Before her performance at the Belasco Theater on Oct. 24, alt-pop singer-songwriter Birdy has dropped her fifth full-length album, Portraits. The British artist broke out into the mainstream with her cover of Bon Iver’s “Skinny Love” in 2011, surpassing the original in more ways than one and skyrocketing Birdy’s career when she was 14.
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Now, at 27 years old, she’s still exploring different ways of approaching the formula that has worked for her, taking on new pop music styles while keeping it all her own.
Opening on a softer note, “Raincatchers” predominantly features strings that add variety to the otherwise modern pop production, as evident by the drums. Briefly, 808s substitute the drums during the bridge before bringing every instrument back as they cascade around Birdy’s voice. As for the vocals, they’re as sharp as ever. For someone who has already proven herself to be a capable singer, she knows how to hit the mark with no issue and often gleams more than the instrumentals.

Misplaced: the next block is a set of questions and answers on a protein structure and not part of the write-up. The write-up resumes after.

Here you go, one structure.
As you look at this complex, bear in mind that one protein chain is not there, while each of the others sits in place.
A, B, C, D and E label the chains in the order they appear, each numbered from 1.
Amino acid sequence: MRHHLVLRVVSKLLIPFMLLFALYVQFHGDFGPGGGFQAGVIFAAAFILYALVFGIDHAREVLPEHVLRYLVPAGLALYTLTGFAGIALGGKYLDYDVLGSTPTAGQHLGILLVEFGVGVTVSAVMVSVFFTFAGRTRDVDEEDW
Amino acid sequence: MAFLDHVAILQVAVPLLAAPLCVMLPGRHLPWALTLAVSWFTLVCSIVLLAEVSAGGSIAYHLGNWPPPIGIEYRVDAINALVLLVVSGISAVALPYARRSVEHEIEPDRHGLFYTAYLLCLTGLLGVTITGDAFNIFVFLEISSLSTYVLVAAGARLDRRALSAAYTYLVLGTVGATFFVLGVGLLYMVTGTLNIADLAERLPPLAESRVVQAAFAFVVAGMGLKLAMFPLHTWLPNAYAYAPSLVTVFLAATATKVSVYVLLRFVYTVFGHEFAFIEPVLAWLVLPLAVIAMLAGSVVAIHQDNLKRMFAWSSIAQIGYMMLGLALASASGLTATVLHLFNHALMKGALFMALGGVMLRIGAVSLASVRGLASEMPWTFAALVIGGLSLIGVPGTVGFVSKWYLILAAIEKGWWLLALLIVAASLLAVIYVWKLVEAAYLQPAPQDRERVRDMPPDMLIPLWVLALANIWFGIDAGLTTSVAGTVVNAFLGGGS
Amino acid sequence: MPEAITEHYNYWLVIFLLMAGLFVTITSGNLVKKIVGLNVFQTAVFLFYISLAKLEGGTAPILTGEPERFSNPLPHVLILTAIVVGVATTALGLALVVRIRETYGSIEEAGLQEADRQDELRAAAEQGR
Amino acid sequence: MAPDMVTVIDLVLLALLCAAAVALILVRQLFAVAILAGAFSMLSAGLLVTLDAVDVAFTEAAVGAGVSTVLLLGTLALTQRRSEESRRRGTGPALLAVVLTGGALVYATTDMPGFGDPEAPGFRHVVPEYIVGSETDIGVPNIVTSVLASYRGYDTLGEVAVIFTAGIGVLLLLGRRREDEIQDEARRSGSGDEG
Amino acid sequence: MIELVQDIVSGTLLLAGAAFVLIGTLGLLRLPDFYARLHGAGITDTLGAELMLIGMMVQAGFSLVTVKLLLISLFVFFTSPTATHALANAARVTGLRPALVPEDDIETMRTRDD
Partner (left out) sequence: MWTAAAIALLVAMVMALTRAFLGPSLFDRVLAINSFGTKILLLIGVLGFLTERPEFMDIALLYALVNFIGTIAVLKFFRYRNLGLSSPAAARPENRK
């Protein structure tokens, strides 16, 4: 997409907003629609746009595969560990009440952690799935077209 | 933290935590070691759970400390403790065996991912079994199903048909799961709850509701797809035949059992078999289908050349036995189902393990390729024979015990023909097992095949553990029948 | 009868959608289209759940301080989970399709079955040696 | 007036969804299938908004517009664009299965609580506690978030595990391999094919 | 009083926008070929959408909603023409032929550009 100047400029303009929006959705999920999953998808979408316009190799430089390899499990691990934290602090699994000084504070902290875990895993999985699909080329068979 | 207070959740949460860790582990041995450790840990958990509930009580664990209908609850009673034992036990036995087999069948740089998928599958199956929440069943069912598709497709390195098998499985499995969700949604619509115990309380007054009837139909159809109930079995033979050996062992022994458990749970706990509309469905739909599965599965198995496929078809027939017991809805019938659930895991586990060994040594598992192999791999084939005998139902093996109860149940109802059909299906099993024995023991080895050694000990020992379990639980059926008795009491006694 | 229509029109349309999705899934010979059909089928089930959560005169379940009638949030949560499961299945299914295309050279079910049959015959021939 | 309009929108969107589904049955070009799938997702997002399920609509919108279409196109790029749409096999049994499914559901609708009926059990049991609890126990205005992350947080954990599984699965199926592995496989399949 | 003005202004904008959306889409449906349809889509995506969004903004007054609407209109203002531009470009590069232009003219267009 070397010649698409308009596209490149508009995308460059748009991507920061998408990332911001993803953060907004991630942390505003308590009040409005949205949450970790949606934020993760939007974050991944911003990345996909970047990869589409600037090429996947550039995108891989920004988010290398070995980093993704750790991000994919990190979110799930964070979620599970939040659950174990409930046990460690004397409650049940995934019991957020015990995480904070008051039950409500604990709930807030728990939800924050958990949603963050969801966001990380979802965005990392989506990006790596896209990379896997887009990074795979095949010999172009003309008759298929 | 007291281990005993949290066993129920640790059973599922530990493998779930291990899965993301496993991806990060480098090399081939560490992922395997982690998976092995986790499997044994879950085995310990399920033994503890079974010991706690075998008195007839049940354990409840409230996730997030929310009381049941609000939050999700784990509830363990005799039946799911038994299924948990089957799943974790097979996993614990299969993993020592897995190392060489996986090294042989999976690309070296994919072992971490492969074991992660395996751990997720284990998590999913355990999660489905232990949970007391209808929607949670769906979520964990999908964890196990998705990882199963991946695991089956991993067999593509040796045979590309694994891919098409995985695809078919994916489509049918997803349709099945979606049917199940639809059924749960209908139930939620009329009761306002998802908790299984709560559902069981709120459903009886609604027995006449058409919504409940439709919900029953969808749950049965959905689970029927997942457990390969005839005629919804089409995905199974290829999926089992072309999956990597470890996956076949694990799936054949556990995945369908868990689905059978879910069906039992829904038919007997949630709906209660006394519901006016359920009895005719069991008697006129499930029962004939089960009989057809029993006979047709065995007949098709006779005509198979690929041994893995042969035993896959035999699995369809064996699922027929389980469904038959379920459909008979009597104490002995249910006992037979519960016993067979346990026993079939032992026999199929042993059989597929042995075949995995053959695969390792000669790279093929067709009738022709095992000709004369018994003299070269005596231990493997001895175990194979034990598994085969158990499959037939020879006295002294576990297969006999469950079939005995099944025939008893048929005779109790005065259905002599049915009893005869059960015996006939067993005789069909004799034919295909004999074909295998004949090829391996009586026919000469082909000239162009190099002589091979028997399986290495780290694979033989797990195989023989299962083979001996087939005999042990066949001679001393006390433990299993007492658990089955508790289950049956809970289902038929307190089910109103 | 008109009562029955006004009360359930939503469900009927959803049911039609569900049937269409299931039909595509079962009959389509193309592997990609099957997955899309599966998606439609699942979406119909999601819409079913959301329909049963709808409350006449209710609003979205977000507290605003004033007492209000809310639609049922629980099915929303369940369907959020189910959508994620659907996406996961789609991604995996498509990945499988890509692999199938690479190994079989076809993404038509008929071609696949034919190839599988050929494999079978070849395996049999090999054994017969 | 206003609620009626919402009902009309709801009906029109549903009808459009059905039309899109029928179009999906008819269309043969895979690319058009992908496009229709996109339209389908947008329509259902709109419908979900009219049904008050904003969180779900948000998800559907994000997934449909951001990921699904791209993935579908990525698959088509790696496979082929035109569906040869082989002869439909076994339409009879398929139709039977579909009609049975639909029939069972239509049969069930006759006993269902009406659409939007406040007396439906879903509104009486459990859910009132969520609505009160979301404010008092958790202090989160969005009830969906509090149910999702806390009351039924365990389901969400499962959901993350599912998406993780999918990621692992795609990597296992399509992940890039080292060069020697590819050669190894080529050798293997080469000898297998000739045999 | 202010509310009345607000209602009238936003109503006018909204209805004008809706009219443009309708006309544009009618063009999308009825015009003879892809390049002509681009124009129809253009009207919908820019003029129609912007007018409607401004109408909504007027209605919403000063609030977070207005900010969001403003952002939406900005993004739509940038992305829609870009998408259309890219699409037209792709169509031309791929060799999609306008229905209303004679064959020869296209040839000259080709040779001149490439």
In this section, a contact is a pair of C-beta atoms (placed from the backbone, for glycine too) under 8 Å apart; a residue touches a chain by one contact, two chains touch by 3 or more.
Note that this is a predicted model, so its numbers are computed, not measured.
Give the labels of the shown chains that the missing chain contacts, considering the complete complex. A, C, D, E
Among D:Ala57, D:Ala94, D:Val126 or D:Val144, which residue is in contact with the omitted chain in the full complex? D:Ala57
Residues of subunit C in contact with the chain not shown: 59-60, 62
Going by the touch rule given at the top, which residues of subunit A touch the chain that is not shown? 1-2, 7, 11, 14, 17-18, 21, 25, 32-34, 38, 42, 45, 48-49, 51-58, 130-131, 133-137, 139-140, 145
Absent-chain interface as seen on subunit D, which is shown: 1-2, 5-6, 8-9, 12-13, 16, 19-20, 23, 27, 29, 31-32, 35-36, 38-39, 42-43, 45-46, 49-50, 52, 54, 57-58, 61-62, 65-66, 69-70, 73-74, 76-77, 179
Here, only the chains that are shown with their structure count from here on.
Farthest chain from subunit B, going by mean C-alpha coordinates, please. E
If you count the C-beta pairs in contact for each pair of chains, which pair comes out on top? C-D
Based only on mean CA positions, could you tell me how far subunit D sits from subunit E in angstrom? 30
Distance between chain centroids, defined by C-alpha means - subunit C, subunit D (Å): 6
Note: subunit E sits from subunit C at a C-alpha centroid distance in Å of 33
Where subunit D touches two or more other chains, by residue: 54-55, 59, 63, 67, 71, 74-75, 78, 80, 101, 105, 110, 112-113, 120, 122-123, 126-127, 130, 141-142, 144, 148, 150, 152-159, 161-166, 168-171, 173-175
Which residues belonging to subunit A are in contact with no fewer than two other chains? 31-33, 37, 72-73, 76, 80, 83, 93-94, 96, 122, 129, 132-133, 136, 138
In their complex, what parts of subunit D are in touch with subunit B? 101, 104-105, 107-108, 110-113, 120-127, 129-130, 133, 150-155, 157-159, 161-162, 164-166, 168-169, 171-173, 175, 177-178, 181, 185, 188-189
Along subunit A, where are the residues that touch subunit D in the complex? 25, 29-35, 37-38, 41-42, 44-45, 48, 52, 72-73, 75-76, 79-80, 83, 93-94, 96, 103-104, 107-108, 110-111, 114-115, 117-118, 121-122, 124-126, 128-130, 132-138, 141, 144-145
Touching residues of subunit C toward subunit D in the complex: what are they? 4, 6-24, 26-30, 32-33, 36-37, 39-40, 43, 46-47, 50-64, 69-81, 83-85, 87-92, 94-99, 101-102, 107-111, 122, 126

Though there’s the risk of losing cohesion for how often Portraits changes production styles, “Heartbreaker” does a 180, proving there’s no cause for worry. Along with shiny synths that depart from the strings, the heavy bass helps pack a punch behind Birdy’s already emotional performance and adds weight to a brief yet impressionable track.
None of the tracks waste time kicking into gear, as if time is always running out. The urgency helps since, judging by the lyrics, Birdy doesn’t have forever to keep waiting for love. Not unless it’s “Automatic,” which is among the album’s simplistic yet complementing to her talents. It’s also one of the shortest, making for a song that doesn’t stop for a second and keeps things going.
It’s easy to forget that Birdy has been making original material since she was 8, a long time even for someone like her who’s accomplished so much before hitting 30. And in a period that wide, there’s bound to be some bumps moving from album to album. That was the case for Portraits, which came out of emotional exhaustion after Young Heart.
“Naturally, I sought to make something that reflected the surge of energy inside me…and found a lot of freedom and joy venturing into a new sonic universe that I used to think I could never exist in authentically.” No matter how you look at it, Birdy’s universe is one of refinement, touching every corner of pop music with flying colors.
Words: David Sosa